Also sucking is Ryan Church, but there's a vital difference here. Church has something of a pedigree. While Nook has never hit, Church has. Not at an MVP level or anything, but enough to be useful. And the most joyous difference we've noticed between Frank Robinson's and Manny Acta's managing style is that the former seemed to judge his players on the basis of grittiness and guttiness and testicular mass (figuratively) (I hope), while Acta has already awarded Church the job based on -- get this -- the fact that he's good at baseball. Truly a new breed of manager.

Meanwhile, Ryan Zimmerman didn't sign a long-term deal with the Nats. Astoundingly, this has produced news. Maybe the adverb at the beginning of this sentence should have been "preposterously." Or, depending on how drunk I am, "completely retardedly," because this is pretty close to the exact opposite of news. I don't know if we can chalk it up to the lack of actual news or the healthy ignorance of fans about the arcane rules of major league indentured servitude, but Zimmerman is owned by the Nats -- lock, stock, and nickname -- for years. Years. Seriously: by the time we have to worry about whether or not Ryan Zimmerman will be a National, not one player on the roster now, in March of 2007, will still be wearing the curly W.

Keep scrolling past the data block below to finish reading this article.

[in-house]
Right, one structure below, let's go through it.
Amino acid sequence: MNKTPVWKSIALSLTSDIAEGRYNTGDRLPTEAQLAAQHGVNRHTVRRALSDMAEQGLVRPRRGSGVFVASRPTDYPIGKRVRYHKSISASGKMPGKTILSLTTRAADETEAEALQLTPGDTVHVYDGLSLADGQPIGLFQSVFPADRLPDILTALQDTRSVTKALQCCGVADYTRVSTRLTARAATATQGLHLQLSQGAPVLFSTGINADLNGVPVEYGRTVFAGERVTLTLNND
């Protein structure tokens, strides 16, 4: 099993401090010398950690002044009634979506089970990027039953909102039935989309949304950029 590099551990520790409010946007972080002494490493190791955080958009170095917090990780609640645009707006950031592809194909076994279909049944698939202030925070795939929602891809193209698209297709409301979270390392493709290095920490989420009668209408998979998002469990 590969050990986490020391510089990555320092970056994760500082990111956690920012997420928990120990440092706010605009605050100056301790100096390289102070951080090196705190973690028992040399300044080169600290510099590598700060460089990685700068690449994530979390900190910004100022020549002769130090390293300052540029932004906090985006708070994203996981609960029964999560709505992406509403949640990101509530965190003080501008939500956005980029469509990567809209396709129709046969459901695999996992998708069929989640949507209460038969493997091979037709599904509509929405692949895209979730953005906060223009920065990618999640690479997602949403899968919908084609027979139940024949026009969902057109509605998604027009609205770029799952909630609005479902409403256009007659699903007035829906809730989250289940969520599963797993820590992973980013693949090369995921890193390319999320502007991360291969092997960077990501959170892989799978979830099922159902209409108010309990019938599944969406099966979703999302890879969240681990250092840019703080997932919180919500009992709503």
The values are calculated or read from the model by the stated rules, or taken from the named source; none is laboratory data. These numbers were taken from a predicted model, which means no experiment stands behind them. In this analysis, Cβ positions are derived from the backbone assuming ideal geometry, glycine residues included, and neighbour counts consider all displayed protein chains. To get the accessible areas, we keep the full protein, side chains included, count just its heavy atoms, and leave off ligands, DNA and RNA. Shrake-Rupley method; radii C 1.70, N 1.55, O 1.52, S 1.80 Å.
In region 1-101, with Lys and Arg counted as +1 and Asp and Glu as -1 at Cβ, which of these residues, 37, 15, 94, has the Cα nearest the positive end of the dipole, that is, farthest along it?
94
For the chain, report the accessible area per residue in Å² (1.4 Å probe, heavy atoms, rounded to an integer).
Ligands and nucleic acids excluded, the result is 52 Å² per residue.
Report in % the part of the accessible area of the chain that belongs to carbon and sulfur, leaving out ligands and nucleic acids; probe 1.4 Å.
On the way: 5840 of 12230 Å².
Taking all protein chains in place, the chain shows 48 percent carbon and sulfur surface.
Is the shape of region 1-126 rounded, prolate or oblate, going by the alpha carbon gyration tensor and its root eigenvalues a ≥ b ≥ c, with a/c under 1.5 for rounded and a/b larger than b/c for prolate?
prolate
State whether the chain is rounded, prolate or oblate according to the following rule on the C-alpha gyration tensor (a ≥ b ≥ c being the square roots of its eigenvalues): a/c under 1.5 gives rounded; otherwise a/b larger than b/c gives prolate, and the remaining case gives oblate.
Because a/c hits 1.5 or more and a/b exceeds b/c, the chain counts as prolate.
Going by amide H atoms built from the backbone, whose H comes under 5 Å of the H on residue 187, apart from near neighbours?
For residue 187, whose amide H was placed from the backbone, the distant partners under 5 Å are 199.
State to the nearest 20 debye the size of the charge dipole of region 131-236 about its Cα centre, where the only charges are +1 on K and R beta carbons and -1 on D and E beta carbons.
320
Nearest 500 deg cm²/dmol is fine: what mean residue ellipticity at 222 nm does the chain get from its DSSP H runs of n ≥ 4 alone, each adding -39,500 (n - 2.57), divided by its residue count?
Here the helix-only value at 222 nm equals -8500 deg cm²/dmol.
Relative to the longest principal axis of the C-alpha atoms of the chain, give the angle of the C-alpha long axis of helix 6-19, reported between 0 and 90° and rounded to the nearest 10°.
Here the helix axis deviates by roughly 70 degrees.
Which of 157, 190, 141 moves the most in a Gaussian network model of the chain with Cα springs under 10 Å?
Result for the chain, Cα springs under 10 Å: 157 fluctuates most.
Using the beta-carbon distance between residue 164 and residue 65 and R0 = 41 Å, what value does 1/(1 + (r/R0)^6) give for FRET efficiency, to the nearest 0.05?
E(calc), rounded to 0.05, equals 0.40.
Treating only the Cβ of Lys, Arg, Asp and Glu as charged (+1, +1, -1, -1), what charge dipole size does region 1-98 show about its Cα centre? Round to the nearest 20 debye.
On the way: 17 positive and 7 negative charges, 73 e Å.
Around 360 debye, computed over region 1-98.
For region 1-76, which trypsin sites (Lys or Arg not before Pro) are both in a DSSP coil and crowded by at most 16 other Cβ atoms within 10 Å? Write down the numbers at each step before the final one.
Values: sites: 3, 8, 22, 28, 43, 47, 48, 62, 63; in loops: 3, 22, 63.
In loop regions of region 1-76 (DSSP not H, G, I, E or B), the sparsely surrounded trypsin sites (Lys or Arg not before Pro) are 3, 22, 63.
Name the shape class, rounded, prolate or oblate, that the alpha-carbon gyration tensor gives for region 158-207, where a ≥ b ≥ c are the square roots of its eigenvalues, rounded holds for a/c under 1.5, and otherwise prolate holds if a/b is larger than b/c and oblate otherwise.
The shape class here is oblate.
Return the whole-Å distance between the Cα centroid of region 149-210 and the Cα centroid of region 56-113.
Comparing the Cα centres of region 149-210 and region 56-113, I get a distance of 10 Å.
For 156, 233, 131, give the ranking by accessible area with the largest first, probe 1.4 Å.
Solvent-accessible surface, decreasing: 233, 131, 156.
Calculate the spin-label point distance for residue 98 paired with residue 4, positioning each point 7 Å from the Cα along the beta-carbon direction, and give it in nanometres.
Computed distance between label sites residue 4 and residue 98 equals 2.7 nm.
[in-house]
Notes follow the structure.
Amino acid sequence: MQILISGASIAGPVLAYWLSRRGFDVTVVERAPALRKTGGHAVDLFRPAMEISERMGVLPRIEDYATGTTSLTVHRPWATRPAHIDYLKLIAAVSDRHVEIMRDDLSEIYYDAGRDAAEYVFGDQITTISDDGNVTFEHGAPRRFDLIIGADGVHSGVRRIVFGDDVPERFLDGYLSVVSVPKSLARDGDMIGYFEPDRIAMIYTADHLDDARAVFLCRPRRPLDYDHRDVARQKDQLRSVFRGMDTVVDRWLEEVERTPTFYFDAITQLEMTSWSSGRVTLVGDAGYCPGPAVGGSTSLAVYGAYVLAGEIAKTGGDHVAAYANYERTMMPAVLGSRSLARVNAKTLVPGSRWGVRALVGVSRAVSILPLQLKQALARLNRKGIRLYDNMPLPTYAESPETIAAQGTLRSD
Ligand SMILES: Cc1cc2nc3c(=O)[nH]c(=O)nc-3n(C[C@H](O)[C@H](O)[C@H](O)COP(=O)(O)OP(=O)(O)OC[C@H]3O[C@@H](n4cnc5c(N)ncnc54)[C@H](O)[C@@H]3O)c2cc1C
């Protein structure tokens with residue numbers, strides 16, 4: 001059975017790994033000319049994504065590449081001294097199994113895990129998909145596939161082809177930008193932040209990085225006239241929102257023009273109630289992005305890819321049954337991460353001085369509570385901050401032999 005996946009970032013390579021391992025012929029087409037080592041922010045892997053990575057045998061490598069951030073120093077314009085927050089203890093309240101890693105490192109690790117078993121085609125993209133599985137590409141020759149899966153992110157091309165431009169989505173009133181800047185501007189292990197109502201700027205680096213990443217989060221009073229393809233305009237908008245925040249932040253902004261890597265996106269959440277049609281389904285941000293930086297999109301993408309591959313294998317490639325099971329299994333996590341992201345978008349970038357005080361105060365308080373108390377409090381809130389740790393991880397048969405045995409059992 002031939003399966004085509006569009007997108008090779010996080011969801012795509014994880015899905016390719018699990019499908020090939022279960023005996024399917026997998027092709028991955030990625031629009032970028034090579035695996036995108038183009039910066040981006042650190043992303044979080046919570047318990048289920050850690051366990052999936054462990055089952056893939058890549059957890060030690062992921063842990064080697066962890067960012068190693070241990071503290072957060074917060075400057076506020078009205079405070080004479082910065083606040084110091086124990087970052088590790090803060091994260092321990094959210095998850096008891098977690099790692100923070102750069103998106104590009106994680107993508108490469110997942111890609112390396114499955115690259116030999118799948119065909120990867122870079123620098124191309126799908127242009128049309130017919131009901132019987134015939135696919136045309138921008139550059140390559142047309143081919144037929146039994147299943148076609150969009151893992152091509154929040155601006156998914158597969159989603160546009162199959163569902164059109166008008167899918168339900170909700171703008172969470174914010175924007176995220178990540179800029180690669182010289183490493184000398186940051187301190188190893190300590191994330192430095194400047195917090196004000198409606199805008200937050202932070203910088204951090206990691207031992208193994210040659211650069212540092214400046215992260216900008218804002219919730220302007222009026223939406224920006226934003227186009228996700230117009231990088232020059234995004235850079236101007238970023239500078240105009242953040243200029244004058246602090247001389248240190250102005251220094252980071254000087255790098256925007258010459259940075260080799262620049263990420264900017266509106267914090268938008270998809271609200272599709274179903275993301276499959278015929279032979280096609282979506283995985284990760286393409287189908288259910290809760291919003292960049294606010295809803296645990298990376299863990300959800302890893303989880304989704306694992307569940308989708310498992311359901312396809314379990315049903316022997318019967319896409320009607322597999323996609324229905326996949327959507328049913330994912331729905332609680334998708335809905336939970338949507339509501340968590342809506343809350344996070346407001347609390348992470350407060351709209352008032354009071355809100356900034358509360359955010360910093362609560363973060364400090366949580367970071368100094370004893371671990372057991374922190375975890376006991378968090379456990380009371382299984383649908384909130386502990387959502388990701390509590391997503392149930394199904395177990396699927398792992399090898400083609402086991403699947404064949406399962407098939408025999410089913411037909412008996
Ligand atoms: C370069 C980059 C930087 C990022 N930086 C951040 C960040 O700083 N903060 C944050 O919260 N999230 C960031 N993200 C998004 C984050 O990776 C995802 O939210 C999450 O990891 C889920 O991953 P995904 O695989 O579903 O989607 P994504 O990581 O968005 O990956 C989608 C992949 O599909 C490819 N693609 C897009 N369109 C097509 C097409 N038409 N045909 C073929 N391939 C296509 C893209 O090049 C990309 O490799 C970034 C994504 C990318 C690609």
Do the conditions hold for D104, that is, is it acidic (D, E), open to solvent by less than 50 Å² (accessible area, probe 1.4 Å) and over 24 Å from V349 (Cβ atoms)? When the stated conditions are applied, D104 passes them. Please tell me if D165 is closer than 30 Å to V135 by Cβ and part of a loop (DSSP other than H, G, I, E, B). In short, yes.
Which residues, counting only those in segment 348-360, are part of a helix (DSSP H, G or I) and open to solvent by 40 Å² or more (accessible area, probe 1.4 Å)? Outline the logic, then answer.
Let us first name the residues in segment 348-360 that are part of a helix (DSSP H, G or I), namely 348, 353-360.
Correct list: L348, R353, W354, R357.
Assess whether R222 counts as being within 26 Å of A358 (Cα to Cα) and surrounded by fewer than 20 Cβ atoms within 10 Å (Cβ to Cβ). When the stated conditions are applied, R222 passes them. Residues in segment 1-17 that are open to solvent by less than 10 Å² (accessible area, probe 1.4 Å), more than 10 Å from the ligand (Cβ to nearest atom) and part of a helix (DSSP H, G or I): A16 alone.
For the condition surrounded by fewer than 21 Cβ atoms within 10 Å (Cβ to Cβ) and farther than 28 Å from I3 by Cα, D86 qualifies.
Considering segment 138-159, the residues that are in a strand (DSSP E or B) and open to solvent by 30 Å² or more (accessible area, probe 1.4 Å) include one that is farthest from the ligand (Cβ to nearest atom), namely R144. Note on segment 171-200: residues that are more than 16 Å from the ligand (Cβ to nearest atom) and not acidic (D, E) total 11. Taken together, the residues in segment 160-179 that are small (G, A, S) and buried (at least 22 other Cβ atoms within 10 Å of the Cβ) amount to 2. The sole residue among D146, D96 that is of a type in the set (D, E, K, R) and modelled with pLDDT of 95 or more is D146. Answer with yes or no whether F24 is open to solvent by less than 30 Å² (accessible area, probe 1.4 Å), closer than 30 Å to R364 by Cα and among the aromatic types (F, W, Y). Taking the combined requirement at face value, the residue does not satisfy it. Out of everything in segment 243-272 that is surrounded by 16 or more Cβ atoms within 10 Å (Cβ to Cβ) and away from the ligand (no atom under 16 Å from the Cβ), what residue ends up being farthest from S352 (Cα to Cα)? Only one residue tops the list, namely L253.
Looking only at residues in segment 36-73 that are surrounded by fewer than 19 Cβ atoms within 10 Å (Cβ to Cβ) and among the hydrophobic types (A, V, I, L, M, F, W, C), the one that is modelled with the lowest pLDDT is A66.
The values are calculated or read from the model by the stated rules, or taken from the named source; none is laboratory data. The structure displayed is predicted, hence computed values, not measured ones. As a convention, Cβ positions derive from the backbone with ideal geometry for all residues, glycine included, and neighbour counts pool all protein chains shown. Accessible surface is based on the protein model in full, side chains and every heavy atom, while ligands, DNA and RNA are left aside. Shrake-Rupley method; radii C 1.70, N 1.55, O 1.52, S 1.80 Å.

So the fact that Zimmerman's people talked to Kasten's people and nothing happened other than the inevitable renewing of his unbreakable contract is about as newsworthy as the sun rising tomorrow then, after a certain period, setting.

Friday, March 09, 2007

Kasten: "If Bodes is OK with Ryan, He's OK with Me"

From Sports Illustrated: